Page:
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Neuropsychiatric features of mast cell disease: Part 1 of 2

The fact that psychiatric symptoms occur as a function of mast cell disease on the nervous system is common knowledge to patients but less acknowledged by providers.  A significant population of mast cells is found in the brain in close association with both blood vessels and nerve cells.  Mast cells are present in large numbers in the hypothalamus, which regulates stress response, emotion and cognition; the amygdales, near the pituitary gland; and the thalamus.  Lesions and structural changes in the thalamus have previously been associated with altered perception of pain and emotional reactivity.

One study found that in a group of 88 patients with indolent systemic mastocytosis (ISM) and cutaneous mastocytosis (CM), 75% reported depressive symptoms.  In another study, a group of 288 mastocytosis patients had a prevalence of 60% depressive and anxiety-type symptoms.  The depressive symptoms seen most often in mastocytosis patients are affective and cognitive symptoms (depressed mood, low motivation, feelings of guilt and failure; and anxio-somatic symptoms (physical and mental effects of anxiety, insomnia).  Psychomotor difficulties (slowing of thought processes and/or neurologic control of movement) and lack of insight were rare in these patients.

Depression is often assessed using the Hamilton Depression Rating Scale.  This tool may not be ideal for use in mast cell patients because the somatic symptoms correlated with depression are often the same as physical symptoms of mast cell disease.  When excluding symptoms that could be from mastocytosis rather than depression, patients still had a high prevalence of sadness and loss of motivation.

One mastocytosis cohort reported 38.6% had cognitive impairment of some kind. Inability to focus and pay attention is the cognitive symptom most commonly reported by mastocytosis patients.  This was not linked to depression, age, education or staging of mastocytosis.  Importantly, it was also independent of amount of antihistamine use.  Memory impairment was also not related to age or education.  Cognitive difficulties were found to be much more prevalent in mastocytosis patients than in other chronic disease populations.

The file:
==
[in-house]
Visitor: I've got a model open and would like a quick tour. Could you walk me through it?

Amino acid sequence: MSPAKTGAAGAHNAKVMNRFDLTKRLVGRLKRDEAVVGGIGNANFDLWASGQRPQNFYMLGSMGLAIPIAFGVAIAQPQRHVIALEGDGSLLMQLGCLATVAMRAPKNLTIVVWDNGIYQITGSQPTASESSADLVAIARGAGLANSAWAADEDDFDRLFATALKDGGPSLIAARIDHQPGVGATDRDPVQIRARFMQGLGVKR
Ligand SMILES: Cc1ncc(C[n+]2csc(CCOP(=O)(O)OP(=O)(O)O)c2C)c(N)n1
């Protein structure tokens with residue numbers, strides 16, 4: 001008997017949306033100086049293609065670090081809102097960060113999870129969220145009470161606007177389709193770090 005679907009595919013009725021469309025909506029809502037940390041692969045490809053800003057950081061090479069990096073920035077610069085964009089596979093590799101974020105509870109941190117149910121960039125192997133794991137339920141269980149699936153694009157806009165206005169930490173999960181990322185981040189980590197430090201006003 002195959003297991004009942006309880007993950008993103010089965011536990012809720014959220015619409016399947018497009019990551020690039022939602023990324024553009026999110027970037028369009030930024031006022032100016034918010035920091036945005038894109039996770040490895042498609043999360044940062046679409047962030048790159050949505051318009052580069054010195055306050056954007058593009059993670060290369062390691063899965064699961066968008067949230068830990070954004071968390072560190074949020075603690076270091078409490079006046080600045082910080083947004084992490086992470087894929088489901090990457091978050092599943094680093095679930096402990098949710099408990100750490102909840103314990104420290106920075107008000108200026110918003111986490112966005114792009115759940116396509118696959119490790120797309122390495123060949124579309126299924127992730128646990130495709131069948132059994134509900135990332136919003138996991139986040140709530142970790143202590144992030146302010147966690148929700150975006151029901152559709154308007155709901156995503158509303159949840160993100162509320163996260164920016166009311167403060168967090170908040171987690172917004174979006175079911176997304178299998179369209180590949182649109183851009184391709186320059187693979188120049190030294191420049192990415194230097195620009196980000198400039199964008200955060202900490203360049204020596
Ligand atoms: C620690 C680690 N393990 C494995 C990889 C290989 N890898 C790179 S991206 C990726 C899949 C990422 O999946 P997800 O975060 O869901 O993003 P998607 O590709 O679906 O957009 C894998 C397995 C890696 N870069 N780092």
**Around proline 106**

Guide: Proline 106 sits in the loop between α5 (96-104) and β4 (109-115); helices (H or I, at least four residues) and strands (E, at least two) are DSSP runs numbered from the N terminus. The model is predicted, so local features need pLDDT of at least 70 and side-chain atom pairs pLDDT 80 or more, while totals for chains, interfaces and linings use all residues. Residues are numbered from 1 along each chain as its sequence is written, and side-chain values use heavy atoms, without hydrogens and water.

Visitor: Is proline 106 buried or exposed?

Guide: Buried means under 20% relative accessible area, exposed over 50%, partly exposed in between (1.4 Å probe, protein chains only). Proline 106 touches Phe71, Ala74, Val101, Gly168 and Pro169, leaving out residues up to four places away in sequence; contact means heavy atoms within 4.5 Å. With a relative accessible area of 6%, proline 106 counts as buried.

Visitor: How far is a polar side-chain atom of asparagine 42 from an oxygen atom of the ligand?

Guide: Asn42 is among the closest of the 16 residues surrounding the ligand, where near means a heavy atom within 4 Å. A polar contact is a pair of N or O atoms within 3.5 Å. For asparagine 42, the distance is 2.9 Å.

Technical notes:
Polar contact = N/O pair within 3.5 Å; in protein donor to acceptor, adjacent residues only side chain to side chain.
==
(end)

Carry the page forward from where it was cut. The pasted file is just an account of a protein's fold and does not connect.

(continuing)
Fatigue is a common neuropsychiatric symptom for mast cell patients and has been seen in populations with both mastocytosis and mast cell activation syndrome.  Patients who have moderate to severe fatigue often experience pain and cognitive deficits.  The level of fatigue can be disabling as it makes it difficult to focus or perform even simple tasks.

35% of mastocytosis patients in one study reported 35% had either acute or chronic headaches.  37.5% had migraines, while 17.2% had tension type headaches.  Headache patients often reported episodic flushing or itching at the time of the headache. In the migraine group, 66% experienced aura symptoms.  Overall, 39% of patients in this group with or without migraines experienced aura symptoms, usually visual.

Exaggeration of the stress response could explain neuropsychiatric symptoms in mast cell patients. In one population, 42% of patients perceived their stress level to be high. Persistent stress response could lead to negative emotions.  These symptoms could be reinforced by mast cell hyperactivity in the brain, which can affect stress response, emotionality and cognition.


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Moura DS, et al. Depression in patients with mastocytosis: prevalence, features and effects of masitinib therapy. PLoS One 2011, 6: e.26375.

Moura DS, et al. Evidence for cognitive impairment in mastocytosis: prevalence, features and correlations to depression. PLoS One 2012, 7: e.39468.

Smith JH, et al. Neurologic symptoms and diagnosis in adults with mast cell disease. Clin Neurol Neurosurg 2011, 113: 570-574.